You are spending 2 days in Copenhagen and don’t know where to begin? Following our itinerary, you can visit all of the top tourist attractions in Copenhagen, experience the vibrant atmosphere of the city, savor local cuisine and fall in love in the capital of Denmark.
2 Days In Copenhagen – Basics
How many days in Copenhagen is enough?
There are so many things to do in Copenhagen, so make sure that you know in advance which places to visit in Copenhagen. In just 2 days in Copenhagen, you can get a taste of this charming city and don’t leave dissapointed. We carefully planned what to see in Copenhagen a few weeks before our trip, so we were not running from one tourist attraction to another like headless chickens.
Best time to visit Copenhagen
The capital of Denmark is great all year round, but in our opinion, the best time to visit Copenhagen is from April to September. Spring and summer’s pleasant temperatures let you spend more time visiting outdoor Copenhagen tourist attractions and enjoying seasonal activities, so don’t hesitate to plan a romantic weekend in Copenhagen or short city break between spring and autumn months. In short, our 2 days in Copenhagen itinerary will show you that it’s possible to have an enriching and memorable experience in just 48 hours!
How expensive is Copenhagen?
Denmark is generally an expensive country, therefore, a trip to Copenhagen may strain your wallet.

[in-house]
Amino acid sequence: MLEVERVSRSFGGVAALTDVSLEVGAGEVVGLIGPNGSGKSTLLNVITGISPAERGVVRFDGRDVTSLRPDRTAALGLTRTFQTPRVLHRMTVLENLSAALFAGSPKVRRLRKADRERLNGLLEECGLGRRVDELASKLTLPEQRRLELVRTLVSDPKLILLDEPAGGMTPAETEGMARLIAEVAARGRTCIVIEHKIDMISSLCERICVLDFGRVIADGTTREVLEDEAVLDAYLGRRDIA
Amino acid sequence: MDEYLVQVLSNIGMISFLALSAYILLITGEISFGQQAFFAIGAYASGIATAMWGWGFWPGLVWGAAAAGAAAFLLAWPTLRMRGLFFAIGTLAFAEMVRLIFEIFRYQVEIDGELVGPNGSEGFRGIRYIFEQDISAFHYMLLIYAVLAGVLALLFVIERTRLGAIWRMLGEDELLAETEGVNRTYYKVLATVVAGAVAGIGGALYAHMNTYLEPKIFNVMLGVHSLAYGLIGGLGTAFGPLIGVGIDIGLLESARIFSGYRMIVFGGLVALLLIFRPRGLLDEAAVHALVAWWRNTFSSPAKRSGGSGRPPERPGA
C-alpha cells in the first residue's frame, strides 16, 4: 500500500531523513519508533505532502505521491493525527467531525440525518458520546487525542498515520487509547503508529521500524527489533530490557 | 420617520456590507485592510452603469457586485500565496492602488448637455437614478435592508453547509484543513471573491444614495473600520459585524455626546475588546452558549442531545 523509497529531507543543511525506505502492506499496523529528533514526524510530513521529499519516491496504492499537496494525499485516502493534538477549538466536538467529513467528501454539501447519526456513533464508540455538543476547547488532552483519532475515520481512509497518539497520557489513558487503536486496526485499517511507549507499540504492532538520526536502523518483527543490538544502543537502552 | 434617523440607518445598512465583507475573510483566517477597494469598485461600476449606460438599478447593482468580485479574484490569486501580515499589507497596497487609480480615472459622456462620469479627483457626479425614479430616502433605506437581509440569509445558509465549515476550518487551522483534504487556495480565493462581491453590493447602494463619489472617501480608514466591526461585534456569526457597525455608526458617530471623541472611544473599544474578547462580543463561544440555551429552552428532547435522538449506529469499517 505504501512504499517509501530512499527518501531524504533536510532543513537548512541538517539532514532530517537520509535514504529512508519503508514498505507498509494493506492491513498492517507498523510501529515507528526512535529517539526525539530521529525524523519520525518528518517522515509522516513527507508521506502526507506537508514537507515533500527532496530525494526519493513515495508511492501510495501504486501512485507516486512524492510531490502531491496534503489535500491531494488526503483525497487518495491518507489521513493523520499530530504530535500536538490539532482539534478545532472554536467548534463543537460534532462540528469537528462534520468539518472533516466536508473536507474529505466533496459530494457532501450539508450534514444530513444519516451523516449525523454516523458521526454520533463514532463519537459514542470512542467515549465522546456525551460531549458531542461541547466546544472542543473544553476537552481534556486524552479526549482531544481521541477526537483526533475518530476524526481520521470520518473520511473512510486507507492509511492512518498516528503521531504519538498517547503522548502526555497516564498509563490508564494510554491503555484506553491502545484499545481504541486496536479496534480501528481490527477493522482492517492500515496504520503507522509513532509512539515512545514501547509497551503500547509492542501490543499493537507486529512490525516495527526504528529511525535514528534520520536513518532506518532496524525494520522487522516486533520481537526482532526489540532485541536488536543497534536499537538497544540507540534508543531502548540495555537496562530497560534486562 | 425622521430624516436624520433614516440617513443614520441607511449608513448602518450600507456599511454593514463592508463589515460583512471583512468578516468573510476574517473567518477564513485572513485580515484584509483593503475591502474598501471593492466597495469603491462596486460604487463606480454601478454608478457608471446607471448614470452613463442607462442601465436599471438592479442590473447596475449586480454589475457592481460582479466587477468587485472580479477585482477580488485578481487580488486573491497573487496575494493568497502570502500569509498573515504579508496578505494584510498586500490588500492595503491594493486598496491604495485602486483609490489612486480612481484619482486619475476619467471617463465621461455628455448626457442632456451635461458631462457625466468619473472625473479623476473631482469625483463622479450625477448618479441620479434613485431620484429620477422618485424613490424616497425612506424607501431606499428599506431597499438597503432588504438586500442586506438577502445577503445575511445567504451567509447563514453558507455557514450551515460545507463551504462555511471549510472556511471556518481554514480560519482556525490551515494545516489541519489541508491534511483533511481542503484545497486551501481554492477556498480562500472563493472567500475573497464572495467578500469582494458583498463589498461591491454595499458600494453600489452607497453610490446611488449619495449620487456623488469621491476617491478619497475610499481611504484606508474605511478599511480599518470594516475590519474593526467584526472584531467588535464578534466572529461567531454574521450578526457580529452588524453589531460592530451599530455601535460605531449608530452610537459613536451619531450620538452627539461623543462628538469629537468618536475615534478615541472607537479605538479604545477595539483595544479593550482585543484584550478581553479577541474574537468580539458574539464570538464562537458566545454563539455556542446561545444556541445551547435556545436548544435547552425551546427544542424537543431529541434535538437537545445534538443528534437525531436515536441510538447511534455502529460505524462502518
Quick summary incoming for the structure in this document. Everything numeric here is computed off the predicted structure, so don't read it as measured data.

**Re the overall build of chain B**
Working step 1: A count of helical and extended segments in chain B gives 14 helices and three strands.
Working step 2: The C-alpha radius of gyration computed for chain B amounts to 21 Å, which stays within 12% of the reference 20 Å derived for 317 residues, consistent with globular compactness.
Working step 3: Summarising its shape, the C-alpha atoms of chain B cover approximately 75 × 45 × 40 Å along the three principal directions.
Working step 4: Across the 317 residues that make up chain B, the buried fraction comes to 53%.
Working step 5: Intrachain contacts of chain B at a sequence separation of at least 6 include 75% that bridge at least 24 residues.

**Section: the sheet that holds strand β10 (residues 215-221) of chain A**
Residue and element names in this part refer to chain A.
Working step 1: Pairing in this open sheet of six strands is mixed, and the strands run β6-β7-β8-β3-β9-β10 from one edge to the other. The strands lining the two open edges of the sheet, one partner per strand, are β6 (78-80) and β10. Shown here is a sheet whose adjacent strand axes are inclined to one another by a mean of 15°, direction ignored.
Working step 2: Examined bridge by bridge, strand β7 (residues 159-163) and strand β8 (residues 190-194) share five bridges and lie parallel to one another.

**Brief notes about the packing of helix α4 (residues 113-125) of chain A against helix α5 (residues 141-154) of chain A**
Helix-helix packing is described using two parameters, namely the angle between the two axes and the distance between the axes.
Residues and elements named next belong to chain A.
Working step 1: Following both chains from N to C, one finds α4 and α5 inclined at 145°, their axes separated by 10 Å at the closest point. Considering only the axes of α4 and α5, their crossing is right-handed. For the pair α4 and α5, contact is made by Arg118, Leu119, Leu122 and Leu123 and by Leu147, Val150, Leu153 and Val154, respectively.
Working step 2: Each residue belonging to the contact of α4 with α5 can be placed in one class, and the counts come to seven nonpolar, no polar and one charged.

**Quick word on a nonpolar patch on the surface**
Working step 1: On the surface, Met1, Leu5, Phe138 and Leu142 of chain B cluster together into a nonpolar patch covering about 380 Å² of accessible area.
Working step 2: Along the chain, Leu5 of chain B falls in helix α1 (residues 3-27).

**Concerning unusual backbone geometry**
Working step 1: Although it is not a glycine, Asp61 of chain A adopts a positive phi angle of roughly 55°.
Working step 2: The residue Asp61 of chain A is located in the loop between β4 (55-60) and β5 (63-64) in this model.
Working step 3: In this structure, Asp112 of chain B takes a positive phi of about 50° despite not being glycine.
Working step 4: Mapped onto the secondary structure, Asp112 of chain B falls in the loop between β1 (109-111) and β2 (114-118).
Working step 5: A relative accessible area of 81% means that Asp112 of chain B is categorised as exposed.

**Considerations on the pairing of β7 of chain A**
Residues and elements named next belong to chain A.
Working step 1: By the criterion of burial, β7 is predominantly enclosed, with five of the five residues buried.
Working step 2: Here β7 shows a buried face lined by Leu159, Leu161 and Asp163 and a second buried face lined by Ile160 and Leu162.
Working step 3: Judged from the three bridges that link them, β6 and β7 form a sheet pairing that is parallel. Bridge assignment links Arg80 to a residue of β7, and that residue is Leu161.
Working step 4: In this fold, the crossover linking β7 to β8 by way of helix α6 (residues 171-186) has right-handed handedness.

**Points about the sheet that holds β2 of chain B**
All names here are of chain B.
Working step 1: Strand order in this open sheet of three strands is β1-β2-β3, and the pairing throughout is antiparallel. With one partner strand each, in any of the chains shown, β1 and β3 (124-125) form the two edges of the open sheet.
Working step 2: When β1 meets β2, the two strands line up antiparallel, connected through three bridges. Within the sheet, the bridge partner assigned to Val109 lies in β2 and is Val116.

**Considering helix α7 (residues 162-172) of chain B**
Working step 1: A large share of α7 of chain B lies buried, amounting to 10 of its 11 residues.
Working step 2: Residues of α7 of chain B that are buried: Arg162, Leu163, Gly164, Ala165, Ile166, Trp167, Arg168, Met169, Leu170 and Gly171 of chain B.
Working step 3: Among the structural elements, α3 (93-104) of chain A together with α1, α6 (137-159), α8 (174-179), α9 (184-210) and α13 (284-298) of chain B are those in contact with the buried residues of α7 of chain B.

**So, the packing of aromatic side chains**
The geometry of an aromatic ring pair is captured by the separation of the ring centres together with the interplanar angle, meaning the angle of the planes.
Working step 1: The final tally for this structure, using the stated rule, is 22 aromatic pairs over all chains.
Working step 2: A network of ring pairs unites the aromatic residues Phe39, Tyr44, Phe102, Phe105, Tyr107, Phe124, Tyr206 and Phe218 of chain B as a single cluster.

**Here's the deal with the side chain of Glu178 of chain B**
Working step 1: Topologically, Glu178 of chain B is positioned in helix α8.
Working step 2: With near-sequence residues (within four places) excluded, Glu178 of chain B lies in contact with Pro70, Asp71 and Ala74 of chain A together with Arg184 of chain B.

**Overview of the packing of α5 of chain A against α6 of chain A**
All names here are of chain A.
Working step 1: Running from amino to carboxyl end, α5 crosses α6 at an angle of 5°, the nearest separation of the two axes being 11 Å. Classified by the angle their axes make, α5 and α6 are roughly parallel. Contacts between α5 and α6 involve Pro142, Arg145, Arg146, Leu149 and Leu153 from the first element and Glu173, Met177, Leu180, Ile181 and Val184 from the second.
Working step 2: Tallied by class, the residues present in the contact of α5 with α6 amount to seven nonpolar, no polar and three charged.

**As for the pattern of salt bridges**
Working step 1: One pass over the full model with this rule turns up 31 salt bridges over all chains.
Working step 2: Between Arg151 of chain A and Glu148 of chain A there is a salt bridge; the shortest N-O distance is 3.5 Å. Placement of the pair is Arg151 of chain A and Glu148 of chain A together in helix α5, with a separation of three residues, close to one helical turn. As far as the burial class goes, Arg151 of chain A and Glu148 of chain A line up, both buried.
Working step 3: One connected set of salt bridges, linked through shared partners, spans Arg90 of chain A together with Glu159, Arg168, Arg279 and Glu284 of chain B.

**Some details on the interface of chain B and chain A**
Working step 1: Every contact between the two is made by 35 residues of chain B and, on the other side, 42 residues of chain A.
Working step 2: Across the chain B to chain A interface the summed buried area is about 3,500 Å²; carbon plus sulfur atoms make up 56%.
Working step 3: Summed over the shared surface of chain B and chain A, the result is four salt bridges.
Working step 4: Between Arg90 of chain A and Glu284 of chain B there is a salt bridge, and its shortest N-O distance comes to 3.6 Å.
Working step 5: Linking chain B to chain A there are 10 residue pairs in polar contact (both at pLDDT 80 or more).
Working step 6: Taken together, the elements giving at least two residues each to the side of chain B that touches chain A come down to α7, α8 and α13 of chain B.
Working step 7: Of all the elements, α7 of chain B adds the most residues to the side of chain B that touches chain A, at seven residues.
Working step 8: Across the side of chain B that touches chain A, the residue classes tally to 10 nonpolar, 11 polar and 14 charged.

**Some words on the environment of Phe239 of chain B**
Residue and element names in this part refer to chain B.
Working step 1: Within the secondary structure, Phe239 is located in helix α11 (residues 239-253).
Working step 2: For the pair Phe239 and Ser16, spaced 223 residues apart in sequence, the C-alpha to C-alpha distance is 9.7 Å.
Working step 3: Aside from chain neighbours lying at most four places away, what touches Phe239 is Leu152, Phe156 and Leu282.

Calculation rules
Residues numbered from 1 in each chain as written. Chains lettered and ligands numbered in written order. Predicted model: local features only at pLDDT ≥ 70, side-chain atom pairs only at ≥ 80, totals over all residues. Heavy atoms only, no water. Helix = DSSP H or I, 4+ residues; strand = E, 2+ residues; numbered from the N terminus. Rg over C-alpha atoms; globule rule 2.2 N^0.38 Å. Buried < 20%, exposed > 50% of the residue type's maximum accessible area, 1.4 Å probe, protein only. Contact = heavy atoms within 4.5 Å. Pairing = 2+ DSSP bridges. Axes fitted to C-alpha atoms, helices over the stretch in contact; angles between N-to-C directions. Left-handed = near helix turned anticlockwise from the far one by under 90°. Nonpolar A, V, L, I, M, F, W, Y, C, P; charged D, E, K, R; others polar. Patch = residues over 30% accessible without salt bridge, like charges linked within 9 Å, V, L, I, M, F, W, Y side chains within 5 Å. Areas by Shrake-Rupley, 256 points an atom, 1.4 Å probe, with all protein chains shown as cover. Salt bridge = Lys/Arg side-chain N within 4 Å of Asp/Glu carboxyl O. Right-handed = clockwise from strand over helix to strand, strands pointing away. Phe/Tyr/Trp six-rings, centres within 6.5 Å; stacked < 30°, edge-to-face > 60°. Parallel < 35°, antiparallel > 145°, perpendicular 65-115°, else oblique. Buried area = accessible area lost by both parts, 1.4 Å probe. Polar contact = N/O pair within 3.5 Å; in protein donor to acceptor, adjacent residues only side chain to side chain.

- A meal in an inexpensive restaurant: 120 DKK
- Cappuccino: 40 DKK
- Beer 0.5-liter draught: 50 DKK
- Water 1.5 liter: 8 DKK
- A loaf of bread: 20 DKK
- Cigarettes 20 Pack: 45 DKK
- Single ticket (public transport): 24 DKK
- Gasoline 1 liter: 11 DKK
Copenhagen Card grants you unlimited transportation in the entire city (including the airport route) and free admission to more than 80 attractions and museums, and many discounts. Click here to buy the card online.
Getting around Copenhagen
Getting from the airport
Use the metro or train and get to the city center (Kongens Nytorv or Nørreport) in less than 20 minutes. There is also a bus 5C which goes directly to the Copenhagen Central Station and the journey takes around 30 minutes.
On your feet
Walk on the cozy Copenhagen streets and during your stroll, get a feel for the beat of the city, meet the locals, and feel like you are a part of the town. Also, you can discover things the city guides don’t mention. For example, this is how we found our hidden gem – charming Olufsvej street, full of pastel houses and mallows.
Rent a bike
Around 55% of all Copenhageners commute to work or school by bike! Rent a bike and feel like a local exploring the city on two wheels. Click here to find more about bike rentals.
Explore the city of Copenhagen and surroundings with metro, trains, buses or waterbuses. They are very punctual and will take you everywhere you want. Metro is in service 24/7 and runs every 2-4 minutes (rush hours) and 3-6 minutes (weekends, outside rush hours).
Tickets: the same ticket can be used in all the public transport services, and the cost of 2 zone tickets (perfect for our trip) is 24 DKK. On the other hand, if you plan to use public transport more frequently, consider buying a Copenhagen City Pass. You can choose between City Pass Small and City Pass Large. Click here to read more.